Retail sales probably improved for a second month in August as consumers overcame a lack of jobs and stagnant wages, economists said before reports this week.
A 0.7 percent increase in purchases would follow an 0.8 percent July advance, according to the median forecast of 66 economists surveyed by Bloomberg News ahead of Commerce Department figures on Friday. Other reports may show inflation accelerated and manufacturing stagnated.
Rising food and fuel prices and disappointing gains in payrolls may further damage household finances, making it a challenge for retailers such as Gap Inc. and Macy’s Inc. to keep luring customers in the second half of 2012. Widespread labor-market weakness bolsters the case for Federal Reserve policy makers to take additional action to spur growth when they gather this week.
“It’s going to be difficult,” said Gus Faucher, a senior economist at PNC Financial Services Group Inc. in Pittsburgh, whose retail sales forecast matched the median estimate. “Income is basically flat, and at the same time people are spending more for food and energy. If job growth remains flat like this, we are going to see weak growth in consumer spending.”
The economy added 96,000 workers last month, less than the 130,000 projected by the median forecast of economists surveyed by Bloomberg, figures from the Labor Department showed last week. The unemployment rate fell to 8.1 percent after 368,000 Americans left the workforce. More than 12.5 million Americans remain unemployed.
The jobs report underscored the “grave concern” about the labor market expressed by Fed Chairman Ben S. Bernanke during a speech at a symposium at Jackson Hole, Wyoming, late last month. It also bolsters the case for more monetary easing when policy makers announce their next move on Thursday.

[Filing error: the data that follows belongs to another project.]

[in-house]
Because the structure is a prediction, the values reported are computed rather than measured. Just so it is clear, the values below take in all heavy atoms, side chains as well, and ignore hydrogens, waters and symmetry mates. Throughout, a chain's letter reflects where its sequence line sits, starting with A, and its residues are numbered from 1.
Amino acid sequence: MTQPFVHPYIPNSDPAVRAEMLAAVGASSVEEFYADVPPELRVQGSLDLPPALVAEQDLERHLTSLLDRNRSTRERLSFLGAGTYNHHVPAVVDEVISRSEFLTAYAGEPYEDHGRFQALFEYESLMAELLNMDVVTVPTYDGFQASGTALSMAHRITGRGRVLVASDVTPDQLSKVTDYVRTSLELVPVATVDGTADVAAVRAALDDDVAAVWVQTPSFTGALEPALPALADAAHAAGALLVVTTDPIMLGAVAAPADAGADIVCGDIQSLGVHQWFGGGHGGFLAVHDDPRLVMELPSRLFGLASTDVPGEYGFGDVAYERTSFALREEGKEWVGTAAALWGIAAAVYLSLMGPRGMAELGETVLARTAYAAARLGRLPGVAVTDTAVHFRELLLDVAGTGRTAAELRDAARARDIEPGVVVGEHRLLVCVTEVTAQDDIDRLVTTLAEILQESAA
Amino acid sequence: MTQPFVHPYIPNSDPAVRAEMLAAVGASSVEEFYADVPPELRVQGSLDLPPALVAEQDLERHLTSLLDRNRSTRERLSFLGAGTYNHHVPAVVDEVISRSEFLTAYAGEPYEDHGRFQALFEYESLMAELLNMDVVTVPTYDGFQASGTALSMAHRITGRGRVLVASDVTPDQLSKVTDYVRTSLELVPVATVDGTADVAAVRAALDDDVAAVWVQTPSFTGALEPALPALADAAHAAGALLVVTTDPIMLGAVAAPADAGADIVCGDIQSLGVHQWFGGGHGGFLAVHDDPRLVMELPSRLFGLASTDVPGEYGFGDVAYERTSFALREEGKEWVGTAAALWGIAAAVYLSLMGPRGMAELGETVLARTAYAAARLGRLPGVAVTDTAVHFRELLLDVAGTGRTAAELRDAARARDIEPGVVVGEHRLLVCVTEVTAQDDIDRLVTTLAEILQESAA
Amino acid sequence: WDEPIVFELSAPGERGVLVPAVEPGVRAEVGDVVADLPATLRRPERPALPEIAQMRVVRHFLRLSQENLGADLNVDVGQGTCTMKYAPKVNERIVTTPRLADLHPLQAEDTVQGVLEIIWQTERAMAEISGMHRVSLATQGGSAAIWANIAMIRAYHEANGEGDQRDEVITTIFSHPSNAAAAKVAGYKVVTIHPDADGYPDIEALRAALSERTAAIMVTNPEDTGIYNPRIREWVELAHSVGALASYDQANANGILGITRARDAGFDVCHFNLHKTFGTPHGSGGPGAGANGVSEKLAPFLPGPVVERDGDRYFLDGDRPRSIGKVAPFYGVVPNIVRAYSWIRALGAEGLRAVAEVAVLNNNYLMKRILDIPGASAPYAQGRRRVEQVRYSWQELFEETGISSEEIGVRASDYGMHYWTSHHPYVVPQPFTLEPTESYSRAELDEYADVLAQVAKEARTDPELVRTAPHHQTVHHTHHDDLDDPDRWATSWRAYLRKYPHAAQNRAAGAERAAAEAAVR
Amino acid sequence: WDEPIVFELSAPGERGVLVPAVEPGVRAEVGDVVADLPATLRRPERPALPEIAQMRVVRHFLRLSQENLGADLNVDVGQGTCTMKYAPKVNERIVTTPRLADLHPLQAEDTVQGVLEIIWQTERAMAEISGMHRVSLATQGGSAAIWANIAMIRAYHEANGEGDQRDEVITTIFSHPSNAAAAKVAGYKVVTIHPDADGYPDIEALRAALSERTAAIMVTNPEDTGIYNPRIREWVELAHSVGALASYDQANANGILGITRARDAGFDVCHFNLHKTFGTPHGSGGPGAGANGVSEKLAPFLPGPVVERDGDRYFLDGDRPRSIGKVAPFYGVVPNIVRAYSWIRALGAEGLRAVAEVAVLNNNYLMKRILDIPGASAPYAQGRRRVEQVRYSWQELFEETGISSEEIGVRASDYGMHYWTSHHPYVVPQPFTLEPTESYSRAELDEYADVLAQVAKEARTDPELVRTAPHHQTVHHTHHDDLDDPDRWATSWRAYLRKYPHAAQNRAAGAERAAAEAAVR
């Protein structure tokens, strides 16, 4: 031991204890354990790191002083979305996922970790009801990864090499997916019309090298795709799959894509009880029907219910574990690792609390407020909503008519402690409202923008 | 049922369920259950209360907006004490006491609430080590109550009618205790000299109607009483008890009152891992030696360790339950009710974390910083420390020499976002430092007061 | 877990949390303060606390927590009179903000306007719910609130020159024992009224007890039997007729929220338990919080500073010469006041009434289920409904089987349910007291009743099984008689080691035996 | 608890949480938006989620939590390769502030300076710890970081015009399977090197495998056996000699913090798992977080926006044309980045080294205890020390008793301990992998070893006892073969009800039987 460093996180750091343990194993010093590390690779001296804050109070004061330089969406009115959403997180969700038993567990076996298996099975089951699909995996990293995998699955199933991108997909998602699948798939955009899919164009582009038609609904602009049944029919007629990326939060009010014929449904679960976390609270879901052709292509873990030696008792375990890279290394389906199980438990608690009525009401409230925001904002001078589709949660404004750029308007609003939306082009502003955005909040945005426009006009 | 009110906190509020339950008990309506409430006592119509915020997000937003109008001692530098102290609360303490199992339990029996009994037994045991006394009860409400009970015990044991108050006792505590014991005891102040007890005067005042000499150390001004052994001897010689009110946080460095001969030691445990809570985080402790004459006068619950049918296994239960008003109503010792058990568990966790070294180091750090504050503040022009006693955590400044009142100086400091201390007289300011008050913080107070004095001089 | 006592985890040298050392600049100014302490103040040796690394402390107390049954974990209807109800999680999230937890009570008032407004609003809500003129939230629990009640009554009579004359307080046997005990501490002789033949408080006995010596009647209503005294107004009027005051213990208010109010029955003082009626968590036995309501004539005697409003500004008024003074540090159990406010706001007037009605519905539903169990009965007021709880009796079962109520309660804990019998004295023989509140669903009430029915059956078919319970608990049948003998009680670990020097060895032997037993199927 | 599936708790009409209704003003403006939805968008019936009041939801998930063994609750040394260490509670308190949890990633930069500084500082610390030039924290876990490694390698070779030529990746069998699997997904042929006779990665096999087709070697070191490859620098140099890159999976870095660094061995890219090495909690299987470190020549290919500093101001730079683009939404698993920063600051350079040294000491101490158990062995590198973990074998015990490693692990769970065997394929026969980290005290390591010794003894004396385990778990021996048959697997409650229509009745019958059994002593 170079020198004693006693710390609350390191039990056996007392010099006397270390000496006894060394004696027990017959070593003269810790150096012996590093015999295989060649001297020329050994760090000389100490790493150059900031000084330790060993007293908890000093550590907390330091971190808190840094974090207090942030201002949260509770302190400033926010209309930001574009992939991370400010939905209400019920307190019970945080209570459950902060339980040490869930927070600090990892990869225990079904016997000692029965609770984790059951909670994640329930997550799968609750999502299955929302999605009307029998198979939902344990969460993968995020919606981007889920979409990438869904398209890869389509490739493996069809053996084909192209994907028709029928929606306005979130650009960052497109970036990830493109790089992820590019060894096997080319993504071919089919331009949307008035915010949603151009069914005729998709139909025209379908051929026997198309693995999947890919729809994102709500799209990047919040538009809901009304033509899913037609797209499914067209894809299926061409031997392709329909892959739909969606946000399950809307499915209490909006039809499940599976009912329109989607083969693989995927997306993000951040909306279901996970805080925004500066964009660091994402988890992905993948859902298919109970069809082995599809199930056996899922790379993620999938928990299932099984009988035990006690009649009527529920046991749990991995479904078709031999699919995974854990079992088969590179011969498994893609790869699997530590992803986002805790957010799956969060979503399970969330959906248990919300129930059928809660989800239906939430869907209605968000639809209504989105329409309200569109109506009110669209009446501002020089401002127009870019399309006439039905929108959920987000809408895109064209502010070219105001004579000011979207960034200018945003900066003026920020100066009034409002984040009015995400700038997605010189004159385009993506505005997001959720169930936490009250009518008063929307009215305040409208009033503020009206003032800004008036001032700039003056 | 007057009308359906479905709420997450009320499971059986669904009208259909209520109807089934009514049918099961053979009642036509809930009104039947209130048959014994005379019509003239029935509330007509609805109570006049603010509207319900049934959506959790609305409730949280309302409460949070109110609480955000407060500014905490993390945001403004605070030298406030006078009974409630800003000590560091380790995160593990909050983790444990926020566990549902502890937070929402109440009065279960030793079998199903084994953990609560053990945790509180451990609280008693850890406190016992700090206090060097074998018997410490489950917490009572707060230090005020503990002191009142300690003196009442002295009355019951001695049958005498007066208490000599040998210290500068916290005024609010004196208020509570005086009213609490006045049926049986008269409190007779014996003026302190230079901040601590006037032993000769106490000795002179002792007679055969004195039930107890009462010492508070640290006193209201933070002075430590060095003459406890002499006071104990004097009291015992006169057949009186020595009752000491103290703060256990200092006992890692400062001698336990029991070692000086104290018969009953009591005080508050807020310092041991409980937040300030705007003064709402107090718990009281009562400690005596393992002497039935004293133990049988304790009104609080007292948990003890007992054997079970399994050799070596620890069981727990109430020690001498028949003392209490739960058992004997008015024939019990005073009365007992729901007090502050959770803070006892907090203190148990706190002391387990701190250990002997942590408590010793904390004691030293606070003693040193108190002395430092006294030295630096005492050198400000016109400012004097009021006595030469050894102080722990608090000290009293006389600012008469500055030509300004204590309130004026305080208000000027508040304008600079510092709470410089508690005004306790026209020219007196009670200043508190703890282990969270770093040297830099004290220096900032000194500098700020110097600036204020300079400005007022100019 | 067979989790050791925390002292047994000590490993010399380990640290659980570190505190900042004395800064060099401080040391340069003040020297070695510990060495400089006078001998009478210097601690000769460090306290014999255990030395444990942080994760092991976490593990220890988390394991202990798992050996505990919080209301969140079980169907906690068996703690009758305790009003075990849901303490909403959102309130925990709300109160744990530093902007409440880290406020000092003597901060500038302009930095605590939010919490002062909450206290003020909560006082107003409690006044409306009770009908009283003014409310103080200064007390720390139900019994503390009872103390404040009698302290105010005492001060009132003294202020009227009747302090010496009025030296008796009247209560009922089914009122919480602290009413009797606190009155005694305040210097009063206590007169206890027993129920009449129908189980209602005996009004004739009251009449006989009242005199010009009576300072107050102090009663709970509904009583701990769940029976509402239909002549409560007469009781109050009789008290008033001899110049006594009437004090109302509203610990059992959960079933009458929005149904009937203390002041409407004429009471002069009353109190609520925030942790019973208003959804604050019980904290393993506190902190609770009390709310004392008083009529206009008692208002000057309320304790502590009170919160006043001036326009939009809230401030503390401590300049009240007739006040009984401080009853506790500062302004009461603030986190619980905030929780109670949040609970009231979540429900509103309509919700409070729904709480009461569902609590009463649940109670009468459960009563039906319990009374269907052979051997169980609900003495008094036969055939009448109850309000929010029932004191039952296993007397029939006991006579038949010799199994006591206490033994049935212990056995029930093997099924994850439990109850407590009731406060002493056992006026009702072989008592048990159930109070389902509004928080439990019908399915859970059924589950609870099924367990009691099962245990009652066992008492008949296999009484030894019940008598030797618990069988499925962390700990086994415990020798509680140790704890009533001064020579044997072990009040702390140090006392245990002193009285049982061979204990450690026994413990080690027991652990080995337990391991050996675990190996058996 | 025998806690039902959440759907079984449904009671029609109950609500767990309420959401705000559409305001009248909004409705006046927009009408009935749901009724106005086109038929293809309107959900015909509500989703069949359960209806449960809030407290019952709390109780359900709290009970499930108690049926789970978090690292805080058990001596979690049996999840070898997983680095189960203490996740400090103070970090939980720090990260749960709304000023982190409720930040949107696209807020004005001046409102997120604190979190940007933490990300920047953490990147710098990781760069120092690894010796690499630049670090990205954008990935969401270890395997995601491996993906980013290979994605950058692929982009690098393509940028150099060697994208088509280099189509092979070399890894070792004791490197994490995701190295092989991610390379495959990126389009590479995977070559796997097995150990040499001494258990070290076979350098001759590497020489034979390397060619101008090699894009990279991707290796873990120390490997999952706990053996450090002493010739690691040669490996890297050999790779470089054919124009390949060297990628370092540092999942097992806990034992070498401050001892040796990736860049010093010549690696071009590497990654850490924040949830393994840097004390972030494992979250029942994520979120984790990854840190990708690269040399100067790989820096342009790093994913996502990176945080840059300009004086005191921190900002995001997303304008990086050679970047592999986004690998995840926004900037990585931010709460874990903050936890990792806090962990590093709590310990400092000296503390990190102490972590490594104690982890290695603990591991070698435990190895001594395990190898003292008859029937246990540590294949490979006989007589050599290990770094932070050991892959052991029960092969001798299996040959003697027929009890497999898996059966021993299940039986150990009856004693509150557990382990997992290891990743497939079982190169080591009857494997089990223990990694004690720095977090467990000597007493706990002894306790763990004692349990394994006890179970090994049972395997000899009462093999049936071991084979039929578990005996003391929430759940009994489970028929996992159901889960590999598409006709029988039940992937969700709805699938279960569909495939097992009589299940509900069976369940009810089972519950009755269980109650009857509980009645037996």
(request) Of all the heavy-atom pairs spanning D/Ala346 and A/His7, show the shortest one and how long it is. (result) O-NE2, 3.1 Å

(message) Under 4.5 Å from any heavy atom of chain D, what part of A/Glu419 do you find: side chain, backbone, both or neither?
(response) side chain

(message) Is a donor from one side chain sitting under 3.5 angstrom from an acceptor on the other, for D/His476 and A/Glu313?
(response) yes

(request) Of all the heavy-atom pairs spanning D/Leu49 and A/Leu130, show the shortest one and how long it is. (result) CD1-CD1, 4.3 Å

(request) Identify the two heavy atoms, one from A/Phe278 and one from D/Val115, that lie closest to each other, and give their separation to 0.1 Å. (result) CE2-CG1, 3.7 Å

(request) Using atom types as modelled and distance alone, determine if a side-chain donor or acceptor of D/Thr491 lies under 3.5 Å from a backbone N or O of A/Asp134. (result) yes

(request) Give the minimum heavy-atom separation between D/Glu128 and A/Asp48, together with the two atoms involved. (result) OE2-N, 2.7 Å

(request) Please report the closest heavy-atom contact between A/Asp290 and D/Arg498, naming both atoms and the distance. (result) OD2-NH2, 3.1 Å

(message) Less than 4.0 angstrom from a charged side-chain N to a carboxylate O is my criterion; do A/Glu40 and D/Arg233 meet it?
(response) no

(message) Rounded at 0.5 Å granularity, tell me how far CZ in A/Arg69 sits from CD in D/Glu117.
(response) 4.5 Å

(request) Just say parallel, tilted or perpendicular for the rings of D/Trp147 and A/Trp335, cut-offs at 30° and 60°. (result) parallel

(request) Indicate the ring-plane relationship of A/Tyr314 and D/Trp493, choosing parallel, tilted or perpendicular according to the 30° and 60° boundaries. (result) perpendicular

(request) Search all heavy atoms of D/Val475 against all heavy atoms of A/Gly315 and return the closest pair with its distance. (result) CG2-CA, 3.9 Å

The Standard & Poor’s 500 Index had its biggest weekly gain since June as the slowdown in hiring fueled bets the Fed will add more stimulus. The S&P 500 climbed 2.2 percent over the four days ended Friday at a four-year high of 1,437.92.
Back-to-school promotions and cooler temperatures in the Northeast drew shoppers into stores in the second half of August, pushing sales higher, according to Retail Metrics, based in Swampscott, Massachusetts.
Same-store sales rose 2.7 percent, beating the average estimate for a 1.8 percent gain, the research company reported last week. Excluding drugstores, sales in August rose 5.9 percent, beating estimates for a 4.2 percent increase. Purchases increased 4.4 percent in July.
Sales at Gap, the biggest U.S. specialty-apparel retailer, climbed 10 percent last month from the same period in 2011. Macy’s, owner of its namesake and Bloomingdale’s department stores, posted a 4.1 percent gain.
“Consumption and employment and income are making relatively moderate kinds of progress,” said Steven Wieting, managing director at Citigroup Global Markets Inc. in New York. “But we’re coming back off a very deep trough and the recovery is only partial.”
The cost of living is projected to rise by 0.6 percent in August, the biggest jump since June 2009, after being little changed the prior month, according to the median in a Bloomberg survey. The Labor Department will release the consumer price gauge on Friday.
Prices excluding food and fuel rose 0.2 percent after a 0.1 percent gain in July, the survey showed.
“We have a very fragile consumer environment right now in the U.S.,” Brian Cornell, chief executive officer of PepsiCo Inc.’s Americas foods business, said at a conference last week. “Unemployment remains very, very high. Food-stamp usage continues to grow. And we’ve seen quite a bit of volatility in fuel.”
Manufacturing, a pillar of the recovery from the recession, is now showing signs of stress as global growth slows. Factory jobs had their biggest decline in two years, last week’s payroll report showed. Factories also reduced the employee workweek.
The drop in employment and hours means output probably cooled. Industrial production was little changed in August after four months of gains, another report a Fed report on Friday may show, according to economists surveyed.
A jump in crude oil prices that began in July probably contributed to a widening of the trade deficit, economists forecast a Commerce Department will show Sept. 11. The gap climbed to $44.4 billion from $42.9 billion in June, according to the survey median.
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